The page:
The truth is, having a website is fairly essential for voiceover in today's day and age. Use it as a place to host your demos and really show off your chops on the front page. Show clients what you're made of. Also, and maybe this is a personal thing to me, having a website that looks coherent and professional does wonders for how clients perceive you and their initial impression of how much detail you put into your image (and thus your work).


So - get yourself a website. A free website builder one is fine, even with watermarks if you can't afford a pro plan. Host your demos on the front page. Make it look professional. Include your contact details. It will do a lot for you!


And where else?

The rest is all the fairly obvious that any other 'where do I find voiceover work' article would explain to you. Openings will come up on any of the following sites:


  • Voices

  • Voice123

  • VoicesUK/US

  • Bodalgo

  • Mandy

  • Starnow

  • Backstage

  • Pretty much any other P2p/F2p site you can think of.


It's not enough to just be a VO anymore

I always liken it to being a musician. It's not enough to just be a musician anymore - you have to be a social media influencer in some sort of way to get your music out there. No matter how good you are.


And it's similar with voiceover! These jobs are out there and someone has to voice it. But as it goes in my experience, many of these clients reach out to you directly, rather than posting an audition. Of course, this isn't a guarantee, but worth thinking about.


And of course, there's nothing stopping you from focusing on both! Get your presence nailed. Press photos, website, short bio, contact info - make sure it's all as easy as possible to find. Become knowledgable on how to make your presence look good. Make it eye catching. Think about it - before a client even hears your demo, they'll see your profile/website in whatever situation they're searching for a voiceover. If they see a profile with no contact details and a terrible iPhone selfie picture, they might be turned away.


And finally, demos, demos, demos.

Here I am to drill it home one more time.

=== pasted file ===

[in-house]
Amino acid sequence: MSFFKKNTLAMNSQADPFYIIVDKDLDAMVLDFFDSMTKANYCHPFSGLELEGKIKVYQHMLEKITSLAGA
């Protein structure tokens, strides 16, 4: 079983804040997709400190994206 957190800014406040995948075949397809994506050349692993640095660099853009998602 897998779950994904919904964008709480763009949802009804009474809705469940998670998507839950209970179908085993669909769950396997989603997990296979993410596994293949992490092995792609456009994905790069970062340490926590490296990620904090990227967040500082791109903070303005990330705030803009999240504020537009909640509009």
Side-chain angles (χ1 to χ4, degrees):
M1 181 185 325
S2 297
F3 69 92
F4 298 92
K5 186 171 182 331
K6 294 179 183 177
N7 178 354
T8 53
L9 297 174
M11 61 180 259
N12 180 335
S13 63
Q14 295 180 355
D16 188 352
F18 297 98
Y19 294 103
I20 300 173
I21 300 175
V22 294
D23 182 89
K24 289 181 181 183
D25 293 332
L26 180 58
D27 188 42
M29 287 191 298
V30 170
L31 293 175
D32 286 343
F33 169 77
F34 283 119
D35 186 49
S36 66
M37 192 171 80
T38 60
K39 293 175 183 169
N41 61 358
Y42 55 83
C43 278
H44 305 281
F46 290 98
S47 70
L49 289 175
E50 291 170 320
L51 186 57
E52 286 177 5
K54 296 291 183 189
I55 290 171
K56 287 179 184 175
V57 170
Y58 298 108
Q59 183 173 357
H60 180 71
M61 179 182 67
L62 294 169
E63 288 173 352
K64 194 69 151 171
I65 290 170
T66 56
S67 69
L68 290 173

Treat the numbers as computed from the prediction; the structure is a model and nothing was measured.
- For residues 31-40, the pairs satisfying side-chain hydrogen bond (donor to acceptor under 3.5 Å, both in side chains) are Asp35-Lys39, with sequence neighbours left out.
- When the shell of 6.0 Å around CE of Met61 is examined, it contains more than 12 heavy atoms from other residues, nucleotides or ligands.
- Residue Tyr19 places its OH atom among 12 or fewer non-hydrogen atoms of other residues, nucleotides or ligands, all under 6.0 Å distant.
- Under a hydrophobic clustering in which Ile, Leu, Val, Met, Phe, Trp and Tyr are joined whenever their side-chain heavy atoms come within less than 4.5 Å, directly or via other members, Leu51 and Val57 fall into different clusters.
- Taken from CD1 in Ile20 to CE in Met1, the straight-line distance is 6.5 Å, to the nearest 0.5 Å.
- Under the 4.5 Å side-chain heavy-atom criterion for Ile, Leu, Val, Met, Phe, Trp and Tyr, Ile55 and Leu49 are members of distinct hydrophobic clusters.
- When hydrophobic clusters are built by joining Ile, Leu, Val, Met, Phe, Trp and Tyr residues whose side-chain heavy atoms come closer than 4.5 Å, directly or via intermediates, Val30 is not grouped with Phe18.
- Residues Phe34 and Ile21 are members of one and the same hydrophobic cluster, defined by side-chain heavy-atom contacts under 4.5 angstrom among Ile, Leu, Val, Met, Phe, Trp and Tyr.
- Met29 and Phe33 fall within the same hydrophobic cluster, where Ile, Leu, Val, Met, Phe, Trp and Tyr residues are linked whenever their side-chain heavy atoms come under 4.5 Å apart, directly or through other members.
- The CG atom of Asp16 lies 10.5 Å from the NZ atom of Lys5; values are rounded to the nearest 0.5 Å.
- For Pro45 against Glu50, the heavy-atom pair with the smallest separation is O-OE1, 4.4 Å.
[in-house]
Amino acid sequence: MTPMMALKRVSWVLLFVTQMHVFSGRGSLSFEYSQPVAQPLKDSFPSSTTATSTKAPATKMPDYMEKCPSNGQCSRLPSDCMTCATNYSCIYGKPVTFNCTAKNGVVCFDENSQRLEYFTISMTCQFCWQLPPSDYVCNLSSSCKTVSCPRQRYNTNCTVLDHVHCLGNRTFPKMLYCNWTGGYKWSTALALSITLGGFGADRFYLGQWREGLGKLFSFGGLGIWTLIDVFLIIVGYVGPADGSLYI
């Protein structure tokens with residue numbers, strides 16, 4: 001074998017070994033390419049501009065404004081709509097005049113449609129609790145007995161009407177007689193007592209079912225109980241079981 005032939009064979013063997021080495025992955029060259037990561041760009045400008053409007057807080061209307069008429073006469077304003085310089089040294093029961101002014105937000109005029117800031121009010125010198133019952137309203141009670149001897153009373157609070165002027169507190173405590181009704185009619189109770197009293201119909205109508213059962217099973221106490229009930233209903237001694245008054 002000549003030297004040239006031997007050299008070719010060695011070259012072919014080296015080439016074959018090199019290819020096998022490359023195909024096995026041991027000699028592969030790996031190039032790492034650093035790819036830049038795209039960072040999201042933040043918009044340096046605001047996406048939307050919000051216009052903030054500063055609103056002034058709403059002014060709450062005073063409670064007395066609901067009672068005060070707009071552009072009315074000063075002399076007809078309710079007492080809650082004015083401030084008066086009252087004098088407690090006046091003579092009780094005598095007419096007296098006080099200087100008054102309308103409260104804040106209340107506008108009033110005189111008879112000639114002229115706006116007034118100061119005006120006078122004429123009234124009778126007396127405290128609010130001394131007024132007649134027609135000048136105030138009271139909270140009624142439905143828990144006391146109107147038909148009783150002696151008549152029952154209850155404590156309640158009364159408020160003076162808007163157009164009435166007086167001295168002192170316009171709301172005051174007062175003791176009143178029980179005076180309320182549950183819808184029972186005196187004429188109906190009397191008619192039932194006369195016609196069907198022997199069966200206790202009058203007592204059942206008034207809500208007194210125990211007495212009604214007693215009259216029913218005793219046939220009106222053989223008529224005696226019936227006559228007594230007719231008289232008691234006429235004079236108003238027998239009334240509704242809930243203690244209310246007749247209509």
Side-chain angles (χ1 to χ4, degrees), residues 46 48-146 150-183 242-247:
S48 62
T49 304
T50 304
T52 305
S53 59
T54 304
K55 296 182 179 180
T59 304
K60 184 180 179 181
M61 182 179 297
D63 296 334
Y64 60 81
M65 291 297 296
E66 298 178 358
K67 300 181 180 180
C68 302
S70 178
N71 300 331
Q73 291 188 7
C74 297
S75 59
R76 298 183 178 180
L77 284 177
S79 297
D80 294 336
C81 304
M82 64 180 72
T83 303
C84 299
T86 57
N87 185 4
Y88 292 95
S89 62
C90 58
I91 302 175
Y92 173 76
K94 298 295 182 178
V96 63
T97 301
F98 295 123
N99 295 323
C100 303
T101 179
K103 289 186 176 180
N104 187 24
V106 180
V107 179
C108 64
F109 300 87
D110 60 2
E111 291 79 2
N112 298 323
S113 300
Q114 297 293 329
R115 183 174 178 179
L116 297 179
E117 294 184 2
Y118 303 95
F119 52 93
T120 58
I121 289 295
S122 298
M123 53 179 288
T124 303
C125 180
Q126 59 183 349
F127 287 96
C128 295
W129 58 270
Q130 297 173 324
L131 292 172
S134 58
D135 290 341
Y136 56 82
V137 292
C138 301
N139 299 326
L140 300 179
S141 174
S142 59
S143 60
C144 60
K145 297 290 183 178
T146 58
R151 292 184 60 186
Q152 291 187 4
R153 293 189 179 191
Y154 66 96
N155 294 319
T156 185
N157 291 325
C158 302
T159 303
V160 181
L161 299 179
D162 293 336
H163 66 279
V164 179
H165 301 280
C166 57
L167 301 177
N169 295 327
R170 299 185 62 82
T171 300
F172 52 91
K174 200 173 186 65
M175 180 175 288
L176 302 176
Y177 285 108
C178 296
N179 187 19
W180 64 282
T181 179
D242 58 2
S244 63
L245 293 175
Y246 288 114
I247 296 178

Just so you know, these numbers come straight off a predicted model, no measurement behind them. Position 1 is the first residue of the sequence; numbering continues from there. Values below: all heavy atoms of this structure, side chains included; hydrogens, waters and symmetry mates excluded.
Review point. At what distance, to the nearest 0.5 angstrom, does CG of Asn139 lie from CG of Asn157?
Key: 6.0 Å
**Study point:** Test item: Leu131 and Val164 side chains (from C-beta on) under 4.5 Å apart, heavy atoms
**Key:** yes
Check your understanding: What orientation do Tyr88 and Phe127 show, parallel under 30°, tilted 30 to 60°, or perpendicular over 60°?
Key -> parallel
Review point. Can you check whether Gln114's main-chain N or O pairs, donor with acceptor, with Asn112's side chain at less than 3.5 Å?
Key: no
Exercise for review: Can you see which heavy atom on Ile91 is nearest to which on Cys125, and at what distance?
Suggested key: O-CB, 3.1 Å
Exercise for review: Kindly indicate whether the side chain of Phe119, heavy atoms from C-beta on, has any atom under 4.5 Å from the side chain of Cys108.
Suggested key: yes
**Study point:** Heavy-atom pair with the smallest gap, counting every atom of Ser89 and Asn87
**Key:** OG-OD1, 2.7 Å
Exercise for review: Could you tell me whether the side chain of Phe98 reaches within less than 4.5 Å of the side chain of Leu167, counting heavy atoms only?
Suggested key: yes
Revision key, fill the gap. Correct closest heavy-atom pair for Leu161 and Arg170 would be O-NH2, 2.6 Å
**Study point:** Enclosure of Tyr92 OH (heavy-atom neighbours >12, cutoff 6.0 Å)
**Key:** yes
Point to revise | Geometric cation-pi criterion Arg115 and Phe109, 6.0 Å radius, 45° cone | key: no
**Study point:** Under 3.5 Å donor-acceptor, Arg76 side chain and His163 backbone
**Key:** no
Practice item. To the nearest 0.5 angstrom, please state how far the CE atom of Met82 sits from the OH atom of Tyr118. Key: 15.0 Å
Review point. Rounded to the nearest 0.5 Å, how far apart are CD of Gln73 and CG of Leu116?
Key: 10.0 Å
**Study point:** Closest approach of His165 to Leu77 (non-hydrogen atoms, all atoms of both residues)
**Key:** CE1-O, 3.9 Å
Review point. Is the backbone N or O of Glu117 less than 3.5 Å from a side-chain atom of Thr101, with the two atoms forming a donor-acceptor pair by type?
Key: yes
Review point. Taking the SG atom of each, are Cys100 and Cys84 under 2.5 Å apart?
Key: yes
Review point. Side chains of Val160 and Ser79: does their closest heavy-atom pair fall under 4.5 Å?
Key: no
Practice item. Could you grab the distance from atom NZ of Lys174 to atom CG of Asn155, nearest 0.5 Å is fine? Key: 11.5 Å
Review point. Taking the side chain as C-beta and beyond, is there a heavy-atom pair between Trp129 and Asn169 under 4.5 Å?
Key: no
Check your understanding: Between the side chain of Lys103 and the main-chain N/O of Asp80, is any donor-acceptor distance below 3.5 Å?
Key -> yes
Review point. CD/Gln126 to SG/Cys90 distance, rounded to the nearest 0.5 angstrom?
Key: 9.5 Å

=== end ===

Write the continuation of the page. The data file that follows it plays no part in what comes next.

Get good demos! If your client gets past the presentation of your work and listens to your demos, they will absolutely be turned away by something that sounds like s**t. Fix it.


Check my other blog posts for some information on how to improve your audio setups, but I would strongly recommend that you get your voiceover directed, edited, mixed and mastered with sound effects by a professional! Sure, it's another cost, which I fully appreciate - but it's an investment into your career. If you're serious about it, it's a worthwhile investment.


Conclusion

So, what's the main takeaway?


Big brand and high importance jobs don't come round every day. I see household name opportunities fairly infrequently, but that's absolutely fine.


What's important is that your image and the immediate impression that your client takes from you is professional, clear and intriguing. People will always tell you that this job is mostly about auditioning, which is true - but that is not to say that clients will never reach out to you personally without an audition. If your presence shows what you can do, is varied and ticks most client boxes/covers all bases, then it will, in time, happen.


Have patience. Don't compare yourself to the timeline of other VOs. Clients are always looking for a specific thing and you might just not fit that niche. Until one day, you do!


funnily enough, as I was typing this blog post, a posting for Samsung came up on Voices for American VOs. Get out there, US talent!


Best of luck.


Peace out. Be safe.


Elliot